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Arkansas child sexual abuse survivors able to file civil claims at any age

Republican State Senator David Wallace announces new two-year window for survivors of child sex abuse to file civil claims.
Nathan Treece
/
Little Rock Public Radio
State Sen. David Wallace, R-Leachville, announces a new two-year window for survivors of child sex abuse to file civil claims.

Survivors of child sexual abuse in Arkansas have a new opportunity to seek civil justice against their abusers. State Sen. David Wallace, R-Leachville, held a press conference Tuesday morning announcing a new two-year “lookback window” that began February 1, allowing victims of any age to bring their claims forward.

This opportunity for claims comes on the heels of the first window's expiration on January 31, which was put in place under the Justice for Vulnerable Victims of Sexual Abuse Act introduced in 2021 by Wallace and Rep. Jimmy Gazaway, R-Paragould.

"During the past two years, 2022 to 2024, more than 20 civil legal claims were filed on behalf of over 100 survivors of childhood sexual abuse in the state of Arkansas," Wallace said.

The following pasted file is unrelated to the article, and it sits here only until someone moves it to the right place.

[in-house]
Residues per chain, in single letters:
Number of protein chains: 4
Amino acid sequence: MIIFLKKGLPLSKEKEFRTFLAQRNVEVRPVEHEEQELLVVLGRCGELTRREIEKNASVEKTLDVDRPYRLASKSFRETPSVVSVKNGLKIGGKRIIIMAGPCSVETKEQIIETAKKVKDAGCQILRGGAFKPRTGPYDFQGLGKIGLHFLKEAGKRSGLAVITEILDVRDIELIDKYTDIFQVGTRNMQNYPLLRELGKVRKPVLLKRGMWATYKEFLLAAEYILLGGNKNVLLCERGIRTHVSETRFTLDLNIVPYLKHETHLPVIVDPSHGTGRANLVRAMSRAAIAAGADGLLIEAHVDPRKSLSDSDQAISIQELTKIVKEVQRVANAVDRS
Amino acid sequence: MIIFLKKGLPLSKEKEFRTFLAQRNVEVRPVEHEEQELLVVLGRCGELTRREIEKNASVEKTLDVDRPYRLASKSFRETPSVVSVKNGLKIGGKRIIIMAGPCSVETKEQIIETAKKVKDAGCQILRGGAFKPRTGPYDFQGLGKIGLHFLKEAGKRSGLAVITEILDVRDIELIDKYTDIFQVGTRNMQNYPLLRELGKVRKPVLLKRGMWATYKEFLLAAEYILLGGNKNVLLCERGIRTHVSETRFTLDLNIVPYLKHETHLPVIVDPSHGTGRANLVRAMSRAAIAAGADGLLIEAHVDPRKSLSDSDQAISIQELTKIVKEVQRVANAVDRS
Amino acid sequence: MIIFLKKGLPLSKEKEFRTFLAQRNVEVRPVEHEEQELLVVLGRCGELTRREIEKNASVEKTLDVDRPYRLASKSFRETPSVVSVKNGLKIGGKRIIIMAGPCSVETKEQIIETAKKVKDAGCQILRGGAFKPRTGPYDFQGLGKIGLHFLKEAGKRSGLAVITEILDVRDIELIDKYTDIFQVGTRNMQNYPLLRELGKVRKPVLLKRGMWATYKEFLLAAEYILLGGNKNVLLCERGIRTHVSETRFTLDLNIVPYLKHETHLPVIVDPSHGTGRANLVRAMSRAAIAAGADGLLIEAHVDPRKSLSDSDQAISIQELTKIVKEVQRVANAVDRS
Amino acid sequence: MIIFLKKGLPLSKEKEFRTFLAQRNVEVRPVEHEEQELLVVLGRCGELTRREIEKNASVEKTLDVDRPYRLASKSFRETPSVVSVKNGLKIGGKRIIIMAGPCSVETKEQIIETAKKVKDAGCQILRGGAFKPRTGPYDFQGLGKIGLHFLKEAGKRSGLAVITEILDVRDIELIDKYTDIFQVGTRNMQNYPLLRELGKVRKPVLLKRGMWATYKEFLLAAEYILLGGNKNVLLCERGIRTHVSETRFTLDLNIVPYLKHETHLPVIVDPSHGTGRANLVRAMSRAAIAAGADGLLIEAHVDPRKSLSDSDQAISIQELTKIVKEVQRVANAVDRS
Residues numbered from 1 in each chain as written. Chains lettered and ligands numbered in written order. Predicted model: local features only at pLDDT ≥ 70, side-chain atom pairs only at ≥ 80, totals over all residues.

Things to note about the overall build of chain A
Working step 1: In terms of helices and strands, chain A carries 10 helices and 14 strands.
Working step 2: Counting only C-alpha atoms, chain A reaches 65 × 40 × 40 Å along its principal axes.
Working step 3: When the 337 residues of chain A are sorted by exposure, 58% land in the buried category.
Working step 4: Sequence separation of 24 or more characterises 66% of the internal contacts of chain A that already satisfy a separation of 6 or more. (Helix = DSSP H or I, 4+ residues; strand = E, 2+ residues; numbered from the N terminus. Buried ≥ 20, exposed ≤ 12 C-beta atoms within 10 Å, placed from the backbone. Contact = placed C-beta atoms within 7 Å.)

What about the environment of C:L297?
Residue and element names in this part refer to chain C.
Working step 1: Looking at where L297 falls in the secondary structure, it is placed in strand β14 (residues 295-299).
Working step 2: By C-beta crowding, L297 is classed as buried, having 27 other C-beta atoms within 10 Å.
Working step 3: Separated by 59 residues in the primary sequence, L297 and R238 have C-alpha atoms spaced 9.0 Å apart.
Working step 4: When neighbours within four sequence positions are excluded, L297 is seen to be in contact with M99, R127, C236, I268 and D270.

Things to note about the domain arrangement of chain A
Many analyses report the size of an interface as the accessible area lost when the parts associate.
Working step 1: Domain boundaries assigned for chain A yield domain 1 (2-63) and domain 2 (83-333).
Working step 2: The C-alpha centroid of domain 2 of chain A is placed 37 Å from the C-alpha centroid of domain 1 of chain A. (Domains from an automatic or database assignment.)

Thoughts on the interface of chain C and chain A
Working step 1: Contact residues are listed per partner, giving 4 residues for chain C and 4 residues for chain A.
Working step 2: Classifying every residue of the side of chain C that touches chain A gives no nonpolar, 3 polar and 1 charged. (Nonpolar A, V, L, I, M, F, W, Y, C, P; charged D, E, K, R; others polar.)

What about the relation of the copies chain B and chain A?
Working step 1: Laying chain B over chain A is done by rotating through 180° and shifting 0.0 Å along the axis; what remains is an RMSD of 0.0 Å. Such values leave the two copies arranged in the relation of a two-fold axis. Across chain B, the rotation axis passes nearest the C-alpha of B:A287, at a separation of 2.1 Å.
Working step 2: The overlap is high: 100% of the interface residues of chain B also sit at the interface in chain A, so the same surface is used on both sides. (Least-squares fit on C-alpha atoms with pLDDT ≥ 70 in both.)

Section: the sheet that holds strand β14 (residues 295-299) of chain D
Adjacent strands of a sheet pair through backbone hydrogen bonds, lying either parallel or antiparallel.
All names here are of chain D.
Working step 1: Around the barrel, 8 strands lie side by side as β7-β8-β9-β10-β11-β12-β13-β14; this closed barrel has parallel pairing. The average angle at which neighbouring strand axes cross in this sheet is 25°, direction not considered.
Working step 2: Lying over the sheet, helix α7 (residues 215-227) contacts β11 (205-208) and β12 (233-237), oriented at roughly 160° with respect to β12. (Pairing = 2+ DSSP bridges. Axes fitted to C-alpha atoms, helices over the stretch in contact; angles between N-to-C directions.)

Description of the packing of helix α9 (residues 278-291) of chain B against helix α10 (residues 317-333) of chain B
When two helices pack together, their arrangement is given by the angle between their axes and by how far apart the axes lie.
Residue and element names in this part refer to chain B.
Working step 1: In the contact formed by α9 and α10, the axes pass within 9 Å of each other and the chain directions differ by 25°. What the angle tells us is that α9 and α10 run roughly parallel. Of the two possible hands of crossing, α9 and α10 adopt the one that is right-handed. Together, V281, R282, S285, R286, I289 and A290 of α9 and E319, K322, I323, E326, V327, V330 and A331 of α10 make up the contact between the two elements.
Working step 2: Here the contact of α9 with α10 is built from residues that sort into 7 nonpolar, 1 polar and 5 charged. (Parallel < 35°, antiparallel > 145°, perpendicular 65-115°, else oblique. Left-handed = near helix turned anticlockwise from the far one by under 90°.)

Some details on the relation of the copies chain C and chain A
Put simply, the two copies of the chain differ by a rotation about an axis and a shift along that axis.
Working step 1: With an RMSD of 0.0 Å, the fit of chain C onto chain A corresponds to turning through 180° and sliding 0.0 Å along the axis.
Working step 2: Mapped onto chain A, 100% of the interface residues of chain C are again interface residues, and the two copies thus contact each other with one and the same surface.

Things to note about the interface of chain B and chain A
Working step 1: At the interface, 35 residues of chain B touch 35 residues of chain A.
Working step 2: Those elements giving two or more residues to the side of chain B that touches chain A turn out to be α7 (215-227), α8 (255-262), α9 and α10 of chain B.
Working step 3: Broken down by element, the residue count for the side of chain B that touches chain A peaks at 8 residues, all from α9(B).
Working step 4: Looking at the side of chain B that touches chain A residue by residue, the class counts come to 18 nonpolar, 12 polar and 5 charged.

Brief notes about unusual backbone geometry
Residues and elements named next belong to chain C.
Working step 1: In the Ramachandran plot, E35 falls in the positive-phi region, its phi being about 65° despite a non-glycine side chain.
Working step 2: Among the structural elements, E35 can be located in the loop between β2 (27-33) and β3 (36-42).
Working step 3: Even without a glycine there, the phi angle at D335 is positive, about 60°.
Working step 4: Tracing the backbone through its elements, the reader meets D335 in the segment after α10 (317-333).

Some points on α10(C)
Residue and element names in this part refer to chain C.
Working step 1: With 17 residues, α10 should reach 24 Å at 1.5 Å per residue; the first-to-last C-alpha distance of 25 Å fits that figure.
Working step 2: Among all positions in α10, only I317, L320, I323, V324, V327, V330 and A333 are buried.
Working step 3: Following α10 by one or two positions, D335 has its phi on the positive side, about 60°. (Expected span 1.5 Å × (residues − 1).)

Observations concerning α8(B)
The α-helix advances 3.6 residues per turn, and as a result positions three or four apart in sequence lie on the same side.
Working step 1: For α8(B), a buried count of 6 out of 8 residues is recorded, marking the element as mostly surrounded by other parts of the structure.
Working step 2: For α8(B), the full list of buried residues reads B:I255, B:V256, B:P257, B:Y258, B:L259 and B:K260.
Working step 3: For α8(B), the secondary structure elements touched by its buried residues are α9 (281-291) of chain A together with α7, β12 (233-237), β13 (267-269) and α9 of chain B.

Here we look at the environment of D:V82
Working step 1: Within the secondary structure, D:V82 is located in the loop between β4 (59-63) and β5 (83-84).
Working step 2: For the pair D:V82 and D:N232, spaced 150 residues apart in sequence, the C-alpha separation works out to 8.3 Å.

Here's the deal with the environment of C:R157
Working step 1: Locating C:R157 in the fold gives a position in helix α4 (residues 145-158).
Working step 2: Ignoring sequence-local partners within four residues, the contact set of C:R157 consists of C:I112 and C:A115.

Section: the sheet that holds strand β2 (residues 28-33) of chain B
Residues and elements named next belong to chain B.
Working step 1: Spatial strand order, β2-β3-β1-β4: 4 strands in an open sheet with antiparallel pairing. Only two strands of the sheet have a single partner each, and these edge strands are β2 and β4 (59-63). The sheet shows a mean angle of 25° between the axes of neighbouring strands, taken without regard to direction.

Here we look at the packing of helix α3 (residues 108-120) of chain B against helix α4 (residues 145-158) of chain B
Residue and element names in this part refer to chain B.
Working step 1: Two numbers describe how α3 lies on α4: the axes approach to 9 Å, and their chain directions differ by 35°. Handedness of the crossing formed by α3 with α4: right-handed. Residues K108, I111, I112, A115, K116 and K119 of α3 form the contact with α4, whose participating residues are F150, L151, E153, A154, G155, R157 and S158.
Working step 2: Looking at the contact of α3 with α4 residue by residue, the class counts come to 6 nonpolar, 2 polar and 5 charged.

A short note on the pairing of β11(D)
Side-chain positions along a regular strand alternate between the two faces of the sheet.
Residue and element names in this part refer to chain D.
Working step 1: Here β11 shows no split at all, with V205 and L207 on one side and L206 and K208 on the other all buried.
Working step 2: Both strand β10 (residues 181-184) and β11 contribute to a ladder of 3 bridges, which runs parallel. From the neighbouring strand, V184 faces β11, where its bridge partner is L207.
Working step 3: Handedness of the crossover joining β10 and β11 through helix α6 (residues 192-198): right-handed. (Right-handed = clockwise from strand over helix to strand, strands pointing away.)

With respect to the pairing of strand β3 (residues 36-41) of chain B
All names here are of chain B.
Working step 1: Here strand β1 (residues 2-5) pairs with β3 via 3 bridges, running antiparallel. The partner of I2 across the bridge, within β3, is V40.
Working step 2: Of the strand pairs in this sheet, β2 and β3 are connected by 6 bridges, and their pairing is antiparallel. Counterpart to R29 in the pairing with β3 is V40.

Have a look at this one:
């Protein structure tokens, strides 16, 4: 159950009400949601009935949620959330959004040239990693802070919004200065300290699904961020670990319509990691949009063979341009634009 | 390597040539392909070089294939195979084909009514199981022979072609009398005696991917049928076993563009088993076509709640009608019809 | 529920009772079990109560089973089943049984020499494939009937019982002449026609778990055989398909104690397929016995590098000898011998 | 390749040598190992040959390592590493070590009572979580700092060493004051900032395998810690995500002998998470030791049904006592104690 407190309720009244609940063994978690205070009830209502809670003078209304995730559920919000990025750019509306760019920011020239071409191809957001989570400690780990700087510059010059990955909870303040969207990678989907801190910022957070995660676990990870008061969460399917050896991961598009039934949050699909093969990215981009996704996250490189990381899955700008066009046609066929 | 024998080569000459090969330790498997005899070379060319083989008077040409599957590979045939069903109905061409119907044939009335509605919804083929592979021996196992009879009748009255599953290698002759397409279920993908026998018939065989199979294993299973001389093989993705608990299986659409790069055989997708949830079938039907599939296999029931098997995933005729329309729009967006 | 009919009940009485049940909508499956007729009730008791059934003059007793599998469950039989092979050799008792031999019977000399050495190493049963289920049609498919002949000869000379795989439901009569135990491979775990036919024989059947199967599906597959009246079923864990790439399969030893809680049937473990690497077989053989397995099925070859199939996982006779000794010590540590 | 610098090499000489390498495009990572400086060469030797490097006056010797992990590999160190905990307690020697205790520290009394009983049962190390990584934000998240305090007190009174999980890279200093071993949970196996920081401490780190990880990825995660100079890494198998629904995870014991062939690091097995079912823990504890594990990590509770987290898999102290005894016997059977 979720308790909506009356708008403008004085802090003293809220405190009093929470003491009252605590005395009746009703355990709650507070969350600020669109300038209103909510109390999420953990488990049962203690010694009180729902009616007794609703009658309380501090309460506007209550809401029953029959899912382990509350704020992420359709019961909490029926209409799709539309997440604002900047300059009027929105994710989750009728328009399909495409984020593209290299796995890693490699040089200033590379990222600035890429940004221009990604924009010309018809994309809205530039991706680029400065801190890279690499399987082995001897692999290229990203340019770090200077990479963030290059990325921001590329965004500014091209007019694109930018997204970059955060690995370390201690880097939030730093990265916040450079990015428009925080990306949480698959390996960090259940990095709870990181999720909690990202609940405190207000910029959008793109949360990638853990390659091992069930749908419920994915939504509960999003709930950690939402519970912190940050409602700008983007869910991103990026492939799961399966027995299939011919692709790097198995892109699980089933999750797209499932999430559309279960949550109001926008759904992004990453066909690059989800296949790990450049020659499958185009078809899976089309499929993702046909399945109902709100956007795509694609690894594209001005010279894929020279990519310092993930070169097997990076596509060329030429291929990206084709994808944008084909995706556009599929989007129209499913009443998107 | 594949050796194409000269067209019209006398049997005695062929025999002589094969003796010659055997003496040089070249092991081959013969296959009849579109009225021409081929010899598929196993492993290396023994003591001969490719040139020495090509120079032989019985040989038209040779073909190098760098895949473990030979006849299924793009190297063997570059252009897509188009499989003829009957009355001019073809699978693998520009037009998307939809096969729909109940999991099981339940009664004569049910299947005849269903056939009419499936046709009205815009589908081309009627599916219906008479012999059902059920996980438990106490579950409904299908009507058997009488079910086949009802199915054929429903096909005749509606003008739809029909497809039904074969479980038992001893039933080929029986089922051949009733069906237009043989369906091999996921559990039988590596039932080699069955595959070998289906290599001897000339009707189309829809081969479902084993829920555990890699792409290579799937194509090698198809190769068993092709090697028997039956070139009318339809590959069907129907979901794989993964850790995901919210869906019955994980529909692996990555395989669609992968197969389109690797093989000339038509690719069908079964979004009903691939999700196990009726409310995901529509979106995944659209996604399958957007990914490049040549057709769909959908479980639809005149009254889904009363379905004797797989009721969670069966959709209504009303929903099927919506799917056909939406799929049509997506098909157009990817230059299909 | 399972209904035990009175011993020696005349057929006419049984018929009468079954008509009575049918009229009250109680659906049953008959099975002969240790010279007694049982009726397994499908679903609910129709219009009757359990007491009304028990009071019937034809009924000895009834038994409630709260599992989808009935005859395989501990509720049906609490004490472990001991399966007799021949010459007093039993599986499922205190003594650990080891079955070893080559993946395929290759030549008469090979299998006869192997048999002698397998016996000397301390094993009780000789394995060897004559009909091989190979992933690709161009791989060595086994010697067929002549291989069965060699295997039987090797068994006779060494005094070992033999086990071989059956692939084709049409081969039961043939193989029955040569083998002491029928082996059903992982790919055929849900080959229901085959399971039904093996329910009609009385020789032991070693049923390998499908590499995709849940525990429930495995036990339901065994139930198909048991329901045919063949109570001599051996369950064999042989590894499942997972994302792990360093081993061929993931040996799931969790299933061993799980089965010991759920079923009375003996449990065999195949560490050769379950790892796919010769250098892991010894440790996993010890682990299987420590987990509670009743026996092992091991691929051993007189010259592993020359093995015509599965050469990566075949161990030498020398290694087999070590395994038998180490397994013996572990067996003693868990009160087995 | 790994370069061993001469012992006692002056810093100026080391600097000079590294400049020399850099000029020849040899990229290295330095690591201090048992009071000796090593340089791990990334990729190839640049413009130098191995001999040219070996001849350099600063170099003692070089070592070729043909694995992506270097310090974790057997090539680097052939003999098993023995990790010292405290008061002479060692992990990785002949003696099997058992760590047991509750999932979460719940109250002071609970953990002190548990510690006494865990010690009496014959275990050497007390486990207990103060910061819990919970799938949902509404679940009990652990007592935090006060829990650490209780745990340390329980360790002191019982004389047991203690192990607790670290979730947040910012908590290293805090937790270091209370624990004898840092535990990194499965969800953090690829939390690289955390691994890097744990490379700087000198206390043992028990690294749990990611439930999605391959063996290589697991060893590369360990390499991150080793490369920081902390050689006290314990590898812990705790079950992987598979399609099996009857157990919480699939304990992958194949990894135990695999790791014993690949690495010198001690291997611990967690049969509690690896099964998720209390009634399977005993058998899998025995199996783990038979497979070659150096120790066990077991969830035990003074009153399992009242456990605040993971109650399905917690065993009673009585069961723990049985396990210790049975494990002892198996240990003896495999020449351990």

A major difference in the new two-year lookback window is that it allows survivors of any age to file civil claims, whereas the original window was only open to those aged 55 and under. Wallace said since the original bill was drafted, his office has been contacted by multiple individuals who were outside of the original age limit, which is why the second reporting window was amended to remove the maximum age limit.

Willam Stevens, a survivor of child sexual abuse, said the newly amended legislation will bring state law more in line with research on the psychology of sexual abuse reporting by victims.

"The average person reports that they suffered abuse as a child at about 52 years of age, and our society is only beginning now to understand the science and the psychology behind what is known as delayed disclosure," said Stevens.

According to research by SafeHome.org in 2021, Arkansas has the highest rate of reported sexual abuse of children in the nation and has the second highest number of registered sex offenders per 100,000 residents. In Arkansas, there is no statute of limitations for the criminal prosecution of anyone charged with the rape or sexual assault of a minor.

Speaking to reporters after the press conference, Stevens said the lookback window made him and other victims feel seen.

"The one thing I've always had a 10-year-old version of myself asking is, 'When did we ever matter?' To the [Boy] Scouts we never did, but in Arkansas we now do."

Nathan Treece is a reporter and local host of NPR's Morning Edition for Little Rock Public Radio.